During the last ten years we have been quite successful in terms of research, publications and international conferences. Note for example the development and growth of a practicum network (Knowledge Construction and Professional Work and later The Network for Practicum and Praxis Projects), an international collaboration (Pedagogy, Education and Praxis PEP) and the Nordic Network for Action Research. Through a seminar presentation at AARE in 2010 we became aware of the need for a strong international practicum in teacher education collaboration or network. Researchers, master and PhD students, teacher educators, practitioners, school leaders, practicum leaders and schoolteachers voiced their interest in a mechanism for sharing their research and supporting development in the practicum.
Through a wider outreach new perspectives, ideas and policies that unsettle local and individual views of the role, theoretical framework, perspectives and key concepts of professional practice knowledge in initial teacher education can be interrogated. Research and collaboration across borders and traditions has opened our eyes to the limited progress that has been made in capturing and understanding the full potential of the practicum and we have become aware that knowledge about the practicum may not have been shared effectively. Important research since the nineteen seventies has been uncovered but with little agreement on key concepts, terminology or principles much of its impact has been diluted. It appears that often research has been underfunded, local and not sustained, perhaps due to the heavy work commitments of those involved and the transient (and sometimes parochial) nature of the researchers/academics. Often practitioners from the profession, yet new to academia, who struggle to establish a sustainable research profile, inhabit the field. The range of paradigmatic traditions may also have been a barrier to shared understandings.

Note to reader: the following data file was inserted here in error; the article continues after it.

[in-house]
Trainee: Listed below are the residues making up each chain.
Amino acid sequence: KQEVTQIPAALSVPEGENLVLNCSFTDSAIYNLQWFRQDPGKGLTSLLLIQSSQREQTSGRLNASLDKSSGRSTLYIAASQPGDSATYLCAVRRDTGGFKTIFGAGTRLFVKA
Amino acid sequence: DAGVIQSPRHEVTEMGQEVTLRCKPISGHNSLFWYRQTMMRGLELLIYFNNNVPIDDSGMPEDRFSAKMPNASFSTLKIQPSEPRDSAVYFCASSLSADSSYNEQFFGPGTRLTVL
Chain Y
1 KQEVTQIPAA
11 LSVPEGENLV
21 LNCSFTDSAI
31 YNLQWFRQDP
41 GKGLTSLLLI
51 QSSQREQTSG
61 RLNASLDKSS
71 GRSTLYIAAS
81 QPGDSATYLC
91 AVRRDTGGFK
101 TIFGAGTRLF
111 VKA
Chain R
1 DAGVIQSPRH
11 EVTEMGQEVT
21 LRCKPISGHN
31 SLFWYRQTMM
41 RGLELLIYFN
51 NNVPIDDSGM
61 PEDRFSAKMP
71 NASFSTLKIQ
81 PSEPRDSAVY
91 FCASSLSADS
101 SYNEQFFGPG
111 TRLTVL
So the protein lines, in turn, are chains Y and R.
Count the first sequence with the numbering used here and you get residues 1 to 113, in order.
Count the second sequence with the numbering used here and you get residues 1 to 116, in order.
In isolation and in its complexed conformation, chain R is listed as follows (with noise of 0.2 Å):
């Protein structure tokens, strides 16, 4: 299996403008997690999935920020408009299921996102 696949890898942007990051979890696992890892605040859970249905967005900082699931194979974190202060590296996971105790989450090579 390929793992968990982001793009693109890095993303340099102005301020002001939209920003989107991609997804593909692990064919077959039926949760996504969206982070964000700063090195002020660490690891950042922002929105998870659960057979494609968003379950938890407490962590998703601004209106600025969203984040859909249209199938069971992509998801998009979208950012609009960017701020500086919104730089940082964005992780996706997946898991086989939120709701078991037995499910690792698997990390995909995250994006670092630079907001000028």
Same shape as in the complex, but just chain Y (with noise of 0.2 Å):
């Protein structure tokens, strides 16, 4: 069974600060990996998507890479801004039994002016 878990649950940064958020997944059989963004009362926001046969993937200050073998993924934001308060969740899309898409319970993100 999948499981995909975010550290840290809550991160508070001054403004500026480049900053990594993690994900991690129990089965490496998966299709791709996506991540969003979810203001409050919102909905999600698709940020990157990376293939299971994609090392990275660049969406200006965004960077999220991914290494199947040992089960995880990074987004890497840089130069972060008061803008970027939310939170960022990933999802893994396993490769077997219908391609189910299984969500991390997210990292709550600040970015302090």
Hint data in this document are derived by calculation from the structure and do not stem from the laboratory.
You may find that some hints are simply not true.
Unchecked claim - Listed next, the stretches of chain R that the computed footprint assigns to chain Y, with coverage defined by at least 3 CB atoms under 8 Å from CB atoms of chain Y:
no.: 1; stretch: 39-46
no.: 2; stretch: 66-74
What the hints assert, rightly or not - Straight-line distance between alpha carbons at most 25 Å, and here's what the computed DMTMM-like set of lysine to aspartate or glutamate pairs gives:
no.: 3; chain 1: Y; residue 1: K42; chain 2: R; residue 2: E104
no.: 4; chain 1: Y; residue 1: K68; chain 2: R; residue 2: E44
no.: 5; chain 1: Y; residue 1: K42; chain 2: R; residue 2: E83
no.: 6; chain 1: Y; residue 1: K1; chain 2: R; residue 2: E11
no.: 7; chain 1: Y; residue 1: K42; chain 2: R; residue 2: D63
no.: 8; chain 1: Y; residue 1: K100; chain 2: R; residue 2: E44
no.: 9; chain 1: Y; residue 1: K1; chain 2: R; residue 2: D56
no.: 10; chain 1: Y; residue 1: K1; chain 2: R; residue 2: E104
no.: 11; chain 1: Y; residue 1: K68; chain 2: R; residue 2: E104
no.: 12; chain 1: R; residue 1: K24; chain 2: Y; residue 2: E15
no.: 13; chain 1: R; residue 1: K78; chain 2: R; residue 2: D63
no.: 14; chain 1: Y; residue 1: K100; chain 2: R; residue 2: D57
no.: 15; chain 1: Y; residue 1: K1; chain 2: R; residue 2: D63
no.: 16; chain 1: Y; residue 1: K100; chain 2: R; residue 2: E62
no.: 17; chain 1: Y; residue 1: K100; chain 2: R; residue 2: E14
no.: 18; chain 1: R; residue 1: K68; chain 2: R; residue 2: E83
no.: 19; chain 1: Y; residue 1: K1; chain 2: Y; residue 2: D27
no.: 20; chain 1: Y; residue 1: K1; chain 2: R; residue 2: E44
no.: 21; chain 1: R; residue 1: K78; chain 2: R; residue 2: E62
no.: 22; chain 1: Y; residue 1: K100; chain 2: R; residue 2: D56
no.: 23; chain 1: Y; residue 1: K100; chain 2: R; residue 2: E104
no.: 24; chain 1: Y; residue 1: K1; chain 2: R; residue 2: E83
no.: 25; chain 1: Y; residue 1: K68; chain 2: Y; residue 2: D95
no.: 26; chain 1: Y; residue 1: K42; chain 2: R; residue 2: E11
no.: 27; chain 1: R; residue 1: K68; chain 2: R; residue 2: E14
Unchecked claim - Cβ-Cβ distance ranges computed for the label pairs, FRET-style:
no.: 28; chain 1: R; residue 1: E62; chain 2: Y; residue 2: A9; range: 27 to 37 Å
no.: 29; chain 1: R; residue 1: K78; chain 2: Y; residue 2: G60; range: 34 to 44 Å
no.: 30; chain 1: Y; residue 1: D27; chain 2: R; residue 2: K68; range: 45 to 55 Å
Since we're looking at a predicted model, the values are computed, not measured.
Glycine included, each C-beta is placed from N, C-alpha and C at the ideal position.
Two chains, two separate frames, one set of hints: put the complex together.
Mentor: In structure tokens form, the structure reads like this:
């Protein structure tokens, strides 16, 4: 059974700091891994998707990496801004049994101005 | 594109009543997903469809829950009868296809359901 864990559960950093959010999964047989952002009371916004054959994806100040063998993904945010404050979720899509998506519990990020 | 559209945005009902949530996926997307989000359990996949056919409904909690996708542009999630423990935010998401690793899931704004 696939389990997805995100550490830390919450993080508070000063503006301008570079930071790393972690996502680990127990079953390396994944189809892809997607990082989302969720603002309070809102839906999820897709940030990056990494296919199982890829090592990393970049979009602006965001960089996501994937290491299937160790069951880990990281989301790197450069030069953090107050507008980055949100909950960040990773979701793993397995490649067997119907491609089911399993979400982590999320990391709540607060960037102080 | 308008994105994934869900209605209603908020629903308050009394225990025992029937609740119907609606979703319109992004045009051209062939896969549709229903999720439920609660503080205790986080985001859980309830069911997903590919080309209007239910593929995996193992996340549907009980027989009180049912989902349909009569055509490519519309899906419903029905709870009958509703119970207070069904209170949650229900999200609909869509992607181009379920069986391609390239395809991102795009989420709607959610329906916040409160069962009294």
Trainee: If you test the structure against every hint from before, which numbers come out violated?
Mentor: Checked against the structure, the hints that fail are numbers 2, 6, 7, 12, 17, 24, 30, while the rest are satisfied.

In this paper we will argue for an international network for teacher educators, practitioners and researchers who focus on learning in the practicum and practice knowledge. We will suggest ways that this network might advocate for those involved and be active in developing a stronger profile. Conversations about the key concepts, place, purpose and role of practicum learning will be opened up. Theoretical frameworks, practicum models and policy changes will be critically examined. Established traditions, philosophies and theories will be questioned. In particular the challenges of the pathway from professional practice to academia and some examples of current and diverse practicum research projects will be discussed.